The mind behind “Slumdog Millionaire” and “127 Hours” says “T2” would not have been made if the original four actors hadn’t all agreed to reprise their “Trainspotting” roles.

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Danny Boyle is a filmmaker who doesn’t repeat himself. His “28 Days Later” (2002), in which he reinvented and revitalized the zombie genre with fast-running, rage-infected ghouls, couldn’t be more different from “Sunshine” (2007), a grand-scale, stunning-looking meditative science-fiction feature about a doomed space mission to resuscitate the dying sun.

And his Bollywood-influenced, Oscar-winning “Slumdog Millionaire” (2008) seems like it was shot on a different planet than “127 Hours” (2010), a slow-paced, one-man tale of a guy pinned in a canyon by a fallen boulder in the desert Southwest whose only hope of survival is to free himself by sawing off his arm with a pocket knife.

And then there is “Trainspotting” (1996). Coming out two years after Boyle’s debut feature, the crime thriller “Shallow Grave” (1994), “Trainspotting” is unlike anything else he’s ever made. The tale of Scottish heroin addicts is rough, raw, disorienting, grungy looking and, yes, pretty funny. Made on a shoestring, it’s the picture that brought Boyle to worldwide prominence, thanks in no small measure to its startling and grossly memorable toilet scene.

Against all odds, “Trainspotting” struck a chord with audiences around the world. Ever since, Boyle said during a recent visit to Seattle, people keep coming up to him in the London Underground in his native England or on the streets of cities around the world, wanting to talk about that movie.

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Twenty-plus years later, the buzz around “Trainspotting” has yet to abate, Boyle said. Which brings us to the present day when his latest picture is hitting the theaters. Its title? “T2 Trainspotting.” It will open in Seattle on March 24.

Apparently, Danny Boyle does do sequels.

But only in this one particular case.

(Actually he had contemplated making the sequel to “28 Days Later,” but wound up handing off the directing of “28 Weeks Later” to another filmmaker while taking an executive-producer credit for himself.)

“T2” is special, he said, because of the way “Trainspotting” has resonated with audiences. They have “very personal” reactions to the picture, he said. Fans see in it what Boyle and his creative collaborators, screenwriter John Hodge and producer Andrew Macdonald, also saw in it when they decided to make the movie.

Their source material and inspiration was a 1993 novel by Scottish writer Irvine Welsh. As for the inspiration, “I think it was the voice of the characters,” Boyle said. That voice “electrified us.”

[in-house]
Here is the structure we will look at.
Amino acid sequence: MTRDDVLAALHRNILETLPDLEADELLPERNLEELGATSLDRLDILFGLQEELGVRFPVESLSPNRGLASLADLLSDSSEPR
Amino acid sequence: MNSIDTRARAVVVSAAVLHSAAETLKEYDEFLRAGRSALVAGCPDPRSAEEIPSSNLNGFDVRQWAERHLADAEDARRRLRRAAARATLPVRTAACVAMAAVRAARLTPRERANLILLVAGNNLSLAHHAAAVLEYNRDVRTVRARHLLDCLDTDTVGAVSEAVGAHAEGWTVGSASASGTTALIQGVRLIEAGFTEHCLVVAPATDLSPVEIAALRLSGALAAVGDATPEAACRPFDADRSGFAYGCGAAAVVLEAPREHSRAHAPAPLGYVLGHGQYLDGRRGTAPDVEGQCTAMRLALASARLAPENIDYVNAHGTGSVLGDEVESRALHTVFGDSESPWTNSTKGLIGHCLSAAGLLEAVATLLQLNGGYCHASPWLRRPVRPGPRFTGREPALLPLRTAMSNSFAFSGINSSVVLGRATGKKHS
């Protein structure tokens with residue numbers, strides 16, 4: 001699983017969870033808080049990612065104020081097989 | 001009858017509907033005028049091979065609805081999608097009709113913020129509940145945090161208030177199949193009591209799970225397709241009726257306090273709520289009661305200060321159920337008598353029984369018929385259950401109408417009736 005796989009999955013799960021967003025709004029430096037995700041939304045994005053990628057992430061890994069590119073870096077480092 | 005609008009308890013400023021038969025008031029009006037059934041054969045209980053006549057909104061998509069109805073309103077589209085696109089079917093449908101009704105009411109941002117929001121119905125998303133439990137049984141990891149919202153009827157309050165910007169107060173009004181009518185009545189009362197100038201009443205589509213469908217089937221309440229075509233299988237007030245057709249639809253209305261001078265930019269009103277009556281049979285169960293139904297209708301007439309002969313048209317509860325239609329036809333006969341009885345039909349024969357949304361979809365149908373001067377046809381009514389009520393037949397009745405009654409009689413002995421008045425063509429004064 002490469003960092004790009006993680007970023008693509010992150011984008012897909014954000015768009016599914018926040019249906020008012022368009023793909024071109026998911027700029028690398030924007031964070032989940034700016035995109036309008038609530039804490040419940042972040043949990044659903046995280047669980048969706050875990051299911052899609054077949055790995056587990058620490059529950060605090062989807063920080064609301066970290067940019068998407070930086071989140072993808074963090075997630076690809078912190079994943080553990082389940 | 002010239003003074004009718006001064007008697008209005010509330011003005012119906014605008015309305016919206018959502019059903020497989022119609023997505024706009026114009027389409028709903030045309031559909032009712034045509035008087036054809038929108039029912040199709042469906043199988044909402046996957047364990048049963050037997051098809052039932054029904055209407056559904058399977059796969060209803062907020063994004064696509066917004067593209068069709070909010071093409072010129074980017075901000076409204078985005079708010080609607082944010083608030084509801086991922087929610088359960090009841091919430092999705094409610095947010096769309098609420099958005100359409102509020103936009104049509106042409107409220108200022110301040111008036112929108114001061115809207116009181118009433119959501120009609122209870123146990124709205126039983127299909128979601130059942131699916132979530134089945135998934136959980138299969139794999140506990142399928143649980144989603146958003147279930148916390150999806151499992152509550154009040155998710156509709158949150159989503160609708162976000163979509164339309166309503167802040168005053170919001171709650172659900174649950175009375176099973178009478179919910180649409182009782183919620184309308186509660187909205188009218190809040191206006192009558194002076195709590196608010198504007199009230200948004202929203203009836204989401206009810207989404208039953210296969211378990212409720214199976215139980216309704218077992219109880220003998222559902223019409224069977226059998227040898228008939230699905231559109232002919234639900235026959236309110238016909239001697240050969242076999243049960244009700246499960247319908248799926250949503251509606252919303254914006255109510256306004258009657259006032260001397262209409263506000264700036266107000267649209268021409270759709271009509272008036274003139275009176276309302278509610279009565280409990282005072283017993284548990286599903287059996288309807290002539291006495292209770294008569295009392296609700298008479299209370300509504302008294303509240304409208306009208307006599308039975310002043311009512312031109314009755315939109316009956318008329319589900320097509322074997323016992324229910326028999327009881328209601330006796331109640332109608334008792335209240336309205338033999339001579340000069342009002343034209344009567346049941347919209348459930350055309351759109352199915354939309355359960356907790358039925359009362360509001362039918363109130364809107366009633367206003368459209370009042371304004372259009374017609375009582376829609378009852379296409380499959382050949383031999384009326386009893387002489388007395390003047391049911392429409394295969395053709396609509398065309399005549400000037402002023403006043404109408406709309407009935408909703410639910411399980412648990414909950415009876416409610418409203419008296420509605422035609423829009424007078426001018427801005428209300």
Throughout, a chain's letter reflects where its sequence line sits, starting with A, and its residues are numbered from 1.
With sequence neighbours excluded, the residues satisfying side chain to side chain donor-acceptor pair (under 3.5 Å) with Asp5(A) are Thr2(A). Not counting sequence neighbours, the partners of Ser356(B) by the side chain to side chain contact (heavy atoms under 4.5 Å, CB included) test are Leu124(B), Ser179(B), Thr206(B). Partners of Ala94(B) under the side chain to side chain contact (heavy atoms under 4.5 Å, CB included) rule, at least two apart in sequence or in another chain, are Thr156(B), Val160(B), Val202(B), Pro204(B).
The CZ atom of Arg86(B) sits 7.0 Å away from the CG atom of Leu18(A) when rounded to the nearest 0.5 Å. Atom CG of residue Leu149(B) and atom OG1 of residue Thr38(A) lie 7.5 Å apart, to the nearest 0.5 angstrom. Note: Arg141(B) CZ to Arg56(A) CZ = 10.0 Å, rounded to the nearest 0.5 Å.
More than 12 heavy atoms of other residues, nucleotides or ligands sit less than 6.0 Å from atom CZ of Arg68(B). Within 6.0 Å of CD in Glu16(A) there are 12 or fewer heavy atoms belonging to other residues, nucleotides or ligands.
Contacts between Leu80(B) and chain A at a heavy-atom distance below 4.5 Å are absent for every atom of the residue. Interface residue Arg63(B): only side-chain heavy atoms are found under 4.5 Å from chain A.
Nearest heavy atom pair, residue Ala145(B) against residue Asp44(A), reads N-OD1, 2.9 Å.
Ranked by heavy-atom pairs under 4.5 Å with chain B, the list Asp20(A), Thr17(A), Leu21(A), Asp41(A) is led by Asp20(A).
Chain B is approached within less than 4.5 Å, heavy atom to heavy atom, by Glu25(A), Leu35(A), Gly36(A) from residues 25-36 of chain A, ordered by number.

The movie they made “didn’t apologize” for these characters. It gave them a dimension beyond the portrayals of junkies usually seen on screen, thanks to the unexpected humor.

“Trainspotting,” Boyle said, “gave the world a different kind of anti-hero. It was like seeing ourselves without having to go through the horrors of drugs.”

Boyle, Hodge and Macdonald had been kicking around the idea of a sequel for years. The 2002 publication of Welsh’s novel “Porno,” the further adventures of “Trainspotting’s” central foursome — Mark Renton, Sick Boy, Spud and Begbie — crystallized their desire to make a new movie, but all agreed the first several screenplay drafts Hodge produced didn’t recapture the spirit of the original.

In 2014, with the 20th anniversary of “Trainspotting’s” release on the near horizon, the impetus to do the sequel intensified. The men wanted to explore the changes that had been wrought in the four characters over the course of two decades.

The script finally seemed right, but the key to going forward was whether the original four actors — McGregor (Renton), Jonny Lee Miller (Sick Boy), Ewen Bremner (Spud) and Robert Carlyle (the psychotic Begbie) — would agree to return to the roles. If even one of them had said no, the movie would not have been made, Boyle said.

“The film belongs to the four of them,” Boyle said. “They’re all equal.”

In the 20 years since “Trainspotting,” McGregor’s career has really taken off, with him playing Obi-Wan Kenobi in the “Star Wars” prequels and playing leads in such pictures as Roman Polanski’s “Ghost Writer,” “Moulin Rouge!” and “Salmon Fishing in the Yemen.” The others have worked steadily, but in character parts.

Boyle said he was determined all would be treated the same in the sequel. He said he mailed each of them the script on the same day 18 months ago. And he assured them that everyone would receive equal screen time, their characters would have equal prominence, and everybody would be paid the same.

All quickly said yes. And with that, the sequel was a go.

Asked what’s behind his penchant for not repeating himself in his filmmaking, Boyle said it all comes down to “an instinctive response to the material.” It’s always a matter of personal taste with him. And his tastes are very wide-ranging.